Armbrecht H, Zenser T, Davis B. Effect of age on the conversion of 25-hydroxyvitmain D3 to 1,25-dihydroxyvitamin D3 by kidney of rat. J Clin Invest 1980; 66: 1118PubMedCrossRefGoogle Scholar
  35. 35.
    Chapuy MC, Arlot ME, Duboef F, et al. Vitamin D3, and calcium to prevent hip fractures in elderly women. N Engl J Med 1992; 327: 1637–42PubMedCrossRefGoogle Scholar
  36. 36.
    Dawson-Hughes B, Harris SS, Krall EA, et al. Effect of calcium and vitamin D supplementation on bone density in men and women 65 years of age or older. N Engl J Med 1997; 337: 670–6PubMedCrossRefGoogle Scholar
  37. 37.
    Gillespie WJ, Avenell A, Henry DA, et al. Vitamin D and vitamin D analogues for preventing fractures associated with involutional and post-menopausal osteoporosis. Cochrane Database Sys Rev 2001; 1: CD000227Google Scholar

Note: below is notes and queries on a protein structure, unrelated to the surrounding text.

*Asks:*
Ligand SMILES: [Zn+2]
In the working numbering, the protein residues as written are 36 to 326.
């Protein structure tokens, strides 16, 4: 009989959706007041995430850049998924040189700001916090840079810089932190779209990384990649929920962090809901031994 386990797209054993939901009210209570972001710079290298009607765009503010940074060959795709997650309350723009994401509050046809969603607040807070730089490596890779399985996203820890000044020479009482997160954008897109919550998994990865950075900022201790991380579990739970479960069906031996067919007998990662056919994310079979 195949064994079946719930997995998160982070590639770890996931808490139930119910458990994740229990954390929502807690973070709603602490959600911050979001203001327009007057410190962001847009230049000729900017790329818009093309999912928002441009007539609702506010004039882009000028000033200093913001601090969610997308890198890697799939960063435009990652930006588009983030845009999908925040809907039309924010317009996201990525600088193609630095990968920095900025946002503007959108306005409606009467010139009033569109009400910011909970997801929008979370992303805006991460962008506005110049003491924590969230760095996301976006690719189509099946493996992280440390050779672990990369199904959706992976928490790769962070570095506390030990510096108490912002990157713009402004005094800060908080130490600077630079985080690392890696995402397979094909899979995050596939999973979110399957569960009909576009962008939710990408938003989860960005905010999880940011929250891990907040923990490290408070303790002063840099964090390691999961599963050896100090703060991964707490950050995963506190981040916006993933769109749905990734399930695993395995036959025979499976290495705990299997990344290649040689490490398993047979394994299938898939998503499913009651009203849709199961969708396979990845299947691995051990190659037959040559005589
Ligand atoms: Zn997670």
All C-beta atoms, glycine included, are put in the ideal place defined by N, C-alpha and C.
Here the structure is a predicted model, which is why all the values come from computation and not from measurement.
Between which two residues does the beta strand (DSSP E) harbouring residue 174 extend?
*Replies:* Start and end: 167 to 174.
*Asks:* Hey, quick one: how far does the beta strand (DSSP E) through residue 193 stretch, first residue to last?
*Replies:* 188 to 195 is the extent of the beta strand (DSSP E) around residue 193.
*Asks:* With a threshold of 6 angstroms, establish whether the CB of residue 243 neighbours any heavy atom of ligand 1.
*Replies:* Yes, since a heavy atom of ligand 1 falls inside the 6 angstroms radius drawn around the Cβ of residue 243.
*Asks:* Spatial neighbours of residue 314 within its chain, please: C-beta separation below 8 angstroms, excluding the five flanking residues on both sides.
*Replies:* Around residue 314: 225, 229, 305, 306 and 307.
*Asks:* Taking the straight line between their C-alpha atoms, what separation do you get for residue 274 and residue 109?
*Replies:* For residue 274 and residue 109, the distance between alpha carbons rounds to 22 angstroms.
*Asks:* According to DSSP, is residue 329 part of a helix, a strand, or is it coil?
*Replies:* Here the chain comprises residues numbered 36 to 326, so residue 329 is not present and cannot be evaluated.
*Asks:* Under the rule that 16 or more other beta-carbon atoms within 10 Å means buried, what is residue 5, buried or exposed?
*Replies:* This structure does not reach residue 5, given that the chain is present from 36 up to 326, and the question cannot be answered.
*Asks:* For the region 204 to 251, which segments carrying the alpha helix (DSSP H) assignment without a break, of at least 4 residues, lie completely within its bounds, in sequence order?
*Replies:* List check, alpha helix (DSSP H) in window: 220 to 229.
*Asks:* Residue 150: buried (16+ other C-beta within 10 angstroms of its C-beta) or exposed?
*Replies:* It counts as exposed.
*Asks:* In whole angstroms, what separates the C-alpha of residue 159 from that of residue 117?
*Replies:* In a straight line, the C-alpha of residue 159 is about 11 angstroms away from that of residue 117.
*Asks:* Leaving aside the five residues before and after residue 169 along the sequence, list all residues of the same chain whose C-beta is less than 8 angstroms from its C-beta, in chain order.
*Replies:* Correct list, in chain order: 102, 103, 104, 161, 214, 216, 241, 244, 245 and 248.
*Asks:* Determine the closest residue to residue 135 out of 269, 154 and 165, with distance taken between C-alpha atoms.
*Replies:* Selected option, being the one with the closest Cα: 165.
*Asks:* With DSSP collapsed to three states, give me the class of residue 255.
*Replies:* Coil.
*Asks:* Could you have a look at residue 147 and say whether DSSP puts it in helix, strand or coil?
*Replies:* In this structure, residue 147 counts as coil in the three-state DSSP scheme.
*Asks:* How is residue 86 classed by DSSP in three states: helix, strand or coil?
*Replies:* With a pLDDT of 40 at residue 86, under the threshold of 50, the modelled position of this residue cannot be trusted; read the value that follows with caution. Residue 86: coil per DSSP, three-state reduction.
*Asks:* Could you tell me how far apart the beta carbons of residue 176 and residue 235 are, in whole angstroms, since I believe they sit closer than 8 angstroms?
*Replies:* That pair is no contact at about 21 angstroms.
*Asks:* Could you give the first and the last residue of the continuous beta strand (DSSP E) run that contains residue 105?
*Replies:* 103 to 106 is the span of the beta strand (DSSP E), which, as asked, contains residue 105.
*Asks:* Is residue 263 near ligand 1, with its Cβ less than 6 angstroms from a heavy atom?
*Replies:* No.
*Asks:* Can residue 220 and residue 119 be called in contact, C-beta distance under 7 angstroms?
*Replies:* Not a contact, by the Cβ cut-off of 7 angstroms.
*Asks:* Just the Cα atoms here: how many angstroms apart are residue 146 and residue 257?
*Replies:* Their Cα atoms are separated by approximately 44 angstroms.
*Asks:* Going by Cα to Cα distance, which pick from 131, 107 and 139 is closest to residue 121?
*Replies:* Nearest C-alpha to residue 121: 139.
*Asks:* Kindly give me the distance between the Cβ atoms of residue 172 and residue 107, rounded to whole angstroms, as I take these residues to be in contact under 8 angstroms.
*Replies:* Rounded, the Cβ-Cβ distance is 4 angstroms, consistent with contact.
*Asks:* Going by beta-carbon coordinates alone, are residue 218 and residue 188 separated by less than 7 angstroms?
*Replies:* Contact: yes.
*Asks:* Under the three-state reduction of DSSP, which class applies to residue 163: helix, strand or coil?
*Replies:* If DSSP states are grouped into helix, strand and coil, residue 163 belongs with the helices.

38. 38.
    Black DM, Cummings SR, Karpf DB, et al. Randomized trial of effect of alendronate on risk of fracture in women with existing vertebral fractures. Fracture Intervention Trial Research Group. Lancet 1996; 348(9041): 1535–41PubMedCrossRefGoogle Scholar
  39. 39.
    Cummings SR, Black DM, Thompson DE, et al. Effect of alendronate on risk of fracture in women with low bone density but without vertebral fractures: results from the Fracture Intervention Trial. JAMA 1998; 280: 2077–80PubMedCrossRefGoogle Scholar
  40. 40.
    Rossini M, Gatti D, Zamberlan N, et al. Long-term effects of a treatment course with oral alendronate of postmenopausal osteoporosis. J Bone Miner Res 1994; 9(11): 1833–7PubMedCrossRefGoogle Scholar